In the Psalm, the Psalmist compares God to a mother, and he compares himself to a weaned child at peace on its mother’s lap. This is a striking image, and worth reflecting on.
How can a child who is being weaned and is also on his mother’s lap understand the suffering of the weaning? What he wants is right there; there is nothing bad about his having it—it costs his mother nothing to satisfy him; the pain of doing without it is sharp and urgent. And so for a while the child will be overwhelmed by the misery of his situation.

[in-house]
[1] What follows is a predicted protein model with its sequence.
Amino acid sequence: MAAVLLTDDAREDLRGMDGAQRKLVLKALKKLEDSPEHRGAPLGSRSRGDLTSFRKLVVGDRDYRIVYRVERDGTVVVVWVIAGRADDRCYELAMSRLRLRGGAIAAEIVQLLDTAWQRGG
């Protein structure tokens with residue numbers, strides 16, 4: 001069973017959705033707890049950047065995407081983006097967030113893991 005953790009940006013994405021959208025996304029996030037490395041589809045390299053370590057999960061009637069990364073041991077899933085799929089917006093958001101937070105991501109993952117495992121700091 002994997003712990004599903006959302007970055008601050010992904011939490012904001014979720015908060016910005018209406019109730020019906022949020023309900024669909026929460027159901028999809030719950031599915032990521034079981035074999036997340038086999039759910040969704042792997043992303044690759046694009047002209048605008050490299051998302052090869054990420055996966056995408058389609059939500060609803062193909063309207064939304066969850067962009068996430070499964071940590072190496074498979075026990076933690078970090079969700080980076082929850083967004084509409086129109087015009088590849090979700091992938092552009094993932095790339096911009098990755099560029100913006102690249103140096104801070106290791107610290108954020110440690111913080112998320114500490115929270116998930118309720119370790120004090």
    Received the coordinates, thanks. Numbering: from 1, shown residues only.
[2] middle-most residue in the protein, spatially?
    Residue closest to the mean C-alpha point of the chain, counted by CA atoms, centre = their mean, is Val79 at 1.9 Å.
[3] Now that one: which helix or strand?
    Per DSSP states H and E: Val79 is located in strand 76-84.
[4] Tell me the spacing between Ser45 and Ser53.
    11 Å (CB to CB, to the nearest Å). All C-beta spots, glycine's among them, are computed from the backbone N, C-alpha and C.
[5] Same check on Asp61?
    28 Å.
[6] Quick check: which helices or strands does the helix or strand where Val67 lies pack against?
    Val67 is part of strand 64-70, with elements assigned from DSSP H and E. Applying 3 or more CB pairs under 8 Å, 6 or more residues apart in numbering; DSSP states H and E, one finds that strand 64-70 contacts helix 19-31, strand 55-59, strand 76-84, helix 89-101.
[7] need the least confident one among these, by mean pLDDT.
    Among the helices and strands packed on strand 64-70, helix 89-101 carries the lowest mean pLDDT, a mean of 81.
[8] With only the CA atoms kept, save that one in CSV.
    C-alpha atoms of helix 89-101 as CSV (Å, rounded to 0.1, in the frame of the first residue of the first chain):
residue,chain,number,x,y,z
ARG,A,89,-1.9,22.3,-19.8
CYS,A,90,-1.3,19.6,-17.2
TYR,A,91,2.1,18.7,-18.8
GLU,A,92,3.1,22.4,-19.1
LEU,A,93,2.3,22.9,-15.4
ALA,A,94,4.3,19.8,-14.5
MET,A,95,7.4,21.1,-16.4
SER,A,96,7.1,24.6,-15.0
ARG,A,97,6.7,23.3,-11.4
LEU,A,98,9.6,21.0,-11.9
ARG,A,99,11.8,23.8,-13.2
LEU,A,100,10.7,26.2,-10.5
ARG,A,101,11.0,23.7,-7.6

And that is how he can be both weaned and also resting peacefully by her side.
If a truly good God rules the world, then the world has a good mother, and life is under the mothering guidance of God. Even the most loathsome evils and the most horrendous sufferings are in the hand of a God who is truly good.
Nothing in this thought makes evil less evil. Suffering remains painful; violence and greed are still execrable. We still have an obligation to lessen the misery of others and our own troubles retain their power to torment us. But it makes a great difference to suppose that the sufferers of evil, maybe ourselves included, are in the arms of a mothering God. Tasting the goodness of God makes seeing the world's evils and our own compatible with joy in the Lord.